37 countries say they have reduced GHGs by about 25% since 1990

The 1997 Kyoto Protocol set binding climate targets for developed countries, which took effect in 2005. Its first commitment period ran from 2008 to 2012 and set an average reduction target of 5% compared to 1990 levels. The protocol’s second phase, called the second commitment period, was established by the Doha Amendment in 2012 and runs from 2013 to 2020. The amendment strengthened quantified emission limitation or reduction commitments for 37 developed countries and set a goal to reduce GHG emissions by 18% compared to 1990 levels.

In addition, if current annual average emissions of Annex B parties (amounting to 5,696 Mt CO₂eq in the period 2013–2018) remain at this level for 2019 and 2020, the emission reduction target of 18% could be further exceeded.

The assessment of the latest information received from parties with commitments under the Doha Amendment (Annex B parties), shows that total aggregate GHG emissions were 25.3% lower than in 1990.

The Kyoto Protocol covers six categories of greenhouse gas (GHG) emissions: carbon dioxide (CO₂), methane (CH₄), nitrous oxide (N₂O), hydrofluorocarbons (HFCs), perfluorocarbons (PFCs) and sulphur hexafluoride (SF6). Apart from the emissions, biomass carbon sinks were taken into account .

Reducing methane emissions has for a long time been seen as one of the cheapest measures to comply with the Kyoto Protocol. The 2019 National Inventory Report from the Swedish Environmental Protection Board states, for example, that during the commitment periods of the Kyoto Protocol methane emissions (CH₄) have decreased by 39% in Sweden.

Countries were allowed to offset emissions by investing in carbon-cutting projects in poorer nations and most developed countries have fulfilled their commitments.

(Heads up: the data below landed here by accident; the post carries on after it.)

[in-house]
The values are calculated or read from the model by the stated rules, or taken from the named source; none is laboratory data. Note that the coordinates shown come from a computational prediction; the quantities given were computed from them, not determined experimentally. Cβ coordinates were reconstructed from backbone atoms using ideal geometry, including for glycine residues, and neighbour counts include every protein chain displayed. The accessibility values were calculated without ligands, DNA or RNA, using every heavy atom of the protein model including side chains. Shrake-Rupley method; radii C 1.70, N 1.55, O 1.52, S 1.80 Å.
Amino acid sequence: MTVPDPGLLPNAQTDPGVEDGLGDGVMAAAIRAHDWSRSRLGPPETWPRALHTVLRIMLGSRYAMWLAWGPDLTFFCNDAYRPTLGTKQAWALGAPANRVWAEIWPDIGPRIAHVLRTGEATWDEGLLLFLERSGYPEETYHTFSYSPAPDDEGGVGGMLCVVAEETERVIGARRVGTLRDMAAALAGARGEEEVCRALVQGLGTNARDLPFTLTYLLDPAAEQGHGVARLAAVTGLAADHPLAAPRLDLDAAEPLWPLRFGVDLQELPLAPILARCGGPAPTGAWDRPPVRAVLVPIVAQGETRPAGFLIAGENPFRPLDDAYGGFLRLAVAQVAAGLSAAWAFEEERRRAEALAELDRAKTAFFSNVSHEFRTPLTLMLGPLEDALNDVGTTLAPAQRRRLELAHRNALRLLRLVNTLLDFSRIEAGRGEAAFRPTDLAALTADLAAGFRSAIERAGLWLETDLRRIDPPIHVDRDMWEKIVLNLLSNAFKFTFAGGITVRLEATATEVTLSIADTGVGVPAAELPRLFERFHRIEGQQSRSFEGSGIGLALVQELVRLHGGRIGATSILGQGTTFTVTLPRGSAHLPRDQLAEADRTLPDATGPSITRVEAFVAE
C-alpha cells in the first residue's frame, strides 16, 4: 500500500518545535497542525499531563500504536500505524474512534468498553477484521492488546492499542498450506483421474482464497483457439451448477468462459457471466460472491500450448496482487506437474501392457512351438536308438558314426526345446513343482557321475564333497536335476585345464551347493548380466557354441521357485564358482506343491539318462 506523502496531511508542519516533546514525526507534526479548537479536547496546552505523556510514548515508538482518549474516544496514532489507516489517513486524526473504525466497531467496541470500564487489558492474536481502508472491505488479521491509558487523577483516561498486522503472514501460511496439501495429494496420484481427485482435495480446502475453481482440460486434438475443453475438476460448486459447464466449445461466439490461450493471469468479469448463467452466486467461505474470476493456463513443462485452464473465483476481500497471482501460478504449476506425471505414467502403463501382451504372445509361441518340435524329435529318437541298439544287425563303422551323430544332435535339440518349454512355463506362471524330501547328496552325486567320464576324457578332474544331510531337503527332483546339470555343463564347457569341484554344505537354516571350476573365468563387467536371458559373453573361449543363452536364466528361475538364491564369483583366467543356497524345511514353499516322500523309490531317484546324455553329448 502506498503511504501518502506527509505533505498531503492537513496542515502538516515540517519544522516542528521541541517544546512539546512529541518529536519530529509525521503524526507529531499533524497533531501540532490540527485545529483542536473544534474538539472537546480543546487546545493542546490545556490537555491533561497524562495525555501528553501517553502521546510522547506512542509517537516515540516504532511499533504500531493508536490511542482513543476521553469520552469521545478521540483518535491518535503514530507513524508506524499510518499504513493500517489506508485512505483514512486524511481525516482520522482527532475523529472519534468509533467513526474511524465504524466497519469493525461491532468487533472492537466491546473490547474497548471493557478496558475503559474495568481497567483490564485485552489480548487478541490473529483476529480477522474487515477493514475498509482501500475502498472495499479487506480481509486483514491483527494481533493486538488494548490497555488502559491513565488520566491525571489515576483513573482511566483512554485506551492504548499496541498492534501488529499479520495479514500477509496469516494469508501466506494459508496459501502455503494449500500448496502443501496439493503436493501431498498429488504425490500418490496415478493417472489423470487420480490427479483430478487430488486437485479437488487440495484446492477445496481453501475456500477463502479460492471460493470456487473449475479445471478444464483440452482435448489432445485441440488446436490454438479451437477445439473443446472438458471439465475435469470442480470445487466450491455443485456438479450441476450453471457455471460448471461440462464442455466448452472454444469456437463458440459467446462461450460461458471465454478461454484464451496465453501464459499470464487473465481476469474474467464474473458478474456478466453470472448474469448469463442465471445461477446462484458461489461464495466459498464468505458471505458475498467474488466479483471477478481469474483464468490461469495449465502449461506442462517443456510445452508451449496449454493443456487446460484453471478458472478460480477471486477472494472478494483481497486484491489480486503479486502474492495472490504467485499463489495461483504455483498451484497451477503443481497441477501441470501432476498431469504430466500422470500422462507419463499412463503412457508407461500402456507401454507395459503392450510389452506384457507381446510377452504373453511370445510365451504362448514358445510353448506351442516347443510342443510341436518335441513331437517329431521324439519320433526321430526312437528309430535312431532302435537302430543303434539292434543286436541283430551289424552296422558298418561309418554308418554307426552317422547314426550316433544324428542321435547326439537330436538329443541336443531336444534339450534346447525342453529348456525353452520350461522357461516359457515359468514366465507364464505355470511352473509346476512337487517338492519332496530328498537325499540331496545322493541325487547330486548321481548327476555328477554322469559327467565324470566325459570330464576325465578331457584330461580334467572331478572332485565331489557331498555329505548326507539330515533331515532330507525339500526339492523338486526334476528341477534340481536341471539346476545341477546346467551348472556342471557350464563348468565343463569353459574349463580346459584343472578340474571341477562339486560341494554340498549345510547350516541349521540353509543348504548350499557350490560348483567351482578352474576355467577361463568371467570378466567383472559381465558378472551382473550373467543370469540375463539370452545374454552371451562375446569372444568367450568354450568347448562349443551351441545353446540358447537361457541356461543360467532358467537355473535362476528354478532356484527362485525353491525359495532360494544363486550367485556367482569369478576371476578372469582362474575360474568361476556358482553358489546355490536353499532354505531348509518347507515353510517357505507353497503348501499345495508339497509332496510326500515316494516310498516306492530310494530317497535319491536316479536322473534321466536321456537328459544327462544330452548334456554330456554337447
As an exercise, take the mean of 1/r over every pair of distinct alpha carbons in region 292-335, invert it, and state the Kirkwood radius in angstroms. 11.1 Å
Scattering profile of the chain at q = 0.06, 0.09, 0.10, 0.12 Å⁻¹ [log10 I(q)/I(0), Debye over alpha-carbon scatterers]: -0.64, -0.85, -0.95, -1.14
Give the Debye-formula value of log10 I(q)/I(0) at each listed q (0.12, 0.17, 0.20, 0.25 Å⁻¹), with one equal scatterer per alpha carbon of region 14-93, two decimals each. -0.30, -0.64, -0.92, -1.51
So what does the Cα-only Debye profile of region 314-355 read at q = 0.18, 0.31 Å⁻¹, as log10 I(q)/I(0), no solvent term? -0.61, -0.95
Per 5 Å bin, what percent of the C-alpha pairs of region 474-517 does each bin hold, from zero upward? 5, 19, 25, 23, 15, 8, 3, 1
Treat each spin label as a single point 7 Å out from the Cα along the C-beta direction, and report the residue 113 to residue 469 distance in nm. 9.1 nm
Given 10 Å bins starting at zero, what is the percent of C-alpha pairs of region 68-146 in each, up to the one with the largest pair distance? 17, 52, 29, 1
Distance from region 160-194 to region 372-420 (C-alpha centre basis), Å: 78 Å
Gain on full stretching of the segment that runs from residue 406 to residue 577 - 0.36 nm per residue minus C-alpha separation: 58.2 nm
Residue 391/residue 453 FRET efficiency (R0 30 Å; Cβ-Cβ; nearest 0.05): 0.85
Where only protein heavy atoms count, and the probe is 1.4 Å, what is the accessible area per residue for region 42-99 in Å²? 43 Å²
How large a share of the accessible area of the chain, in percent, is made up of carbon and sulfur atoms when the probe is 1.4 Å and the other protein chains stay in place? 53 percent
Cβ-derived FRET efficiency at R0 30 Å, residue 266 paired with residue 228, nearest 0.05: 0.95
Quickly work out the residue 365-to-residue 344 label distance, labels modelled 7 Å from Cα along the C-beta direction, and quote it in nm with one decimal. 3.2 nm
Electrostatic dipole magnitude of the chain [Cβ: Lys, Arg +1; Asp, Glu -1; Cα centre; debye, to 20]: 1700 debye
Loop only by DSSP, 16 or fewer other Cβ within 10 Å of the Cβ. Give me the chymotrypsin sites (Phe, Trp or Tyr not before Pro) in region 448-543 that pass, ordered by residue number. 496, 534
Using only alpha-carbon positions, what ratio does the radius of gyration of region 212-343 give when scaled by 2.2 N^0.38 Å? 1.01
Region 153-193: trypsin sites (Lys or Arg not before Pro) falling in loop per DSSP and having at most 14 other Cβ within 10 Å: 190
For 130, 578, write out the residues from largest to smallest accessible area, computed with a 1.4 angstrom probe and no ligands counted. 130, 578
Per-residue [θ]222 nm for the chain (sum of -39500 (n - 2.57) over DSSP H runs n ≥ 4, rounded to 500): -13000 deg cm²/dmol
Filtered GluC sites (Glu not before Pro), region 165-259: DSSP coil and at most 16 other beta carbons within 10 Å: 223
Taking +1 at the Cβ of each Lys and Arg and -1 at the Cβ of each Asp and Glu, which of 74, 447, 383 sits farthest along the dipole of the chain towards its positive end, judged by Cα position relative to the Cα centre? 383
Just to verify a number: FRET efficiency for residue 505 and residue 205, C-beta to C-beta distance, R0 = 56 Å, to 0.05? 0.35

UN Climate Change is expected to publish a formal review of countries’ carbon-cutting efforts during the period to 2020.

“While the results of this assessment are very encouraging, they only apply to a group of some 37

countries that agreed to emission reduction targets under the Doha Amendment,” said Patricia Espinosa, Executive Secretary of UN Climate Change. “Globally however, emissions have been rising, which clarifies the urgent need for greater ambition,” she added.

The assessment under the Doha Amendment revealed that the GHG reductions have generally been achieved through national mitigation actions.

“This shows the potential of consistently implementing climate change policies and actions at the national level. Through the NDC process, countries have the opportunity to further advance climate policies and actions, and to ratchet them up over time” Ms. Espinosa underlined.

 

Compiled by Reinhold Pape

In this issue

Editorial

The clock is ticking to achieve the 1.5°C goal of the Paris Agreement. To be clear right from the start: this goal deserves every effort that mankind can pull off. In the name of realism, this is the goal we must focus on now, given the current level of progress in reducing greenhouse gases. However, damage to marine ecosystems will not be avoided even if we reach this goal1. In fact, damage already occurs at current levels of warming, as evidenced by the bleaching of coral reefs2. This may be an inconvenient truth when our current goal is 1.5°C.

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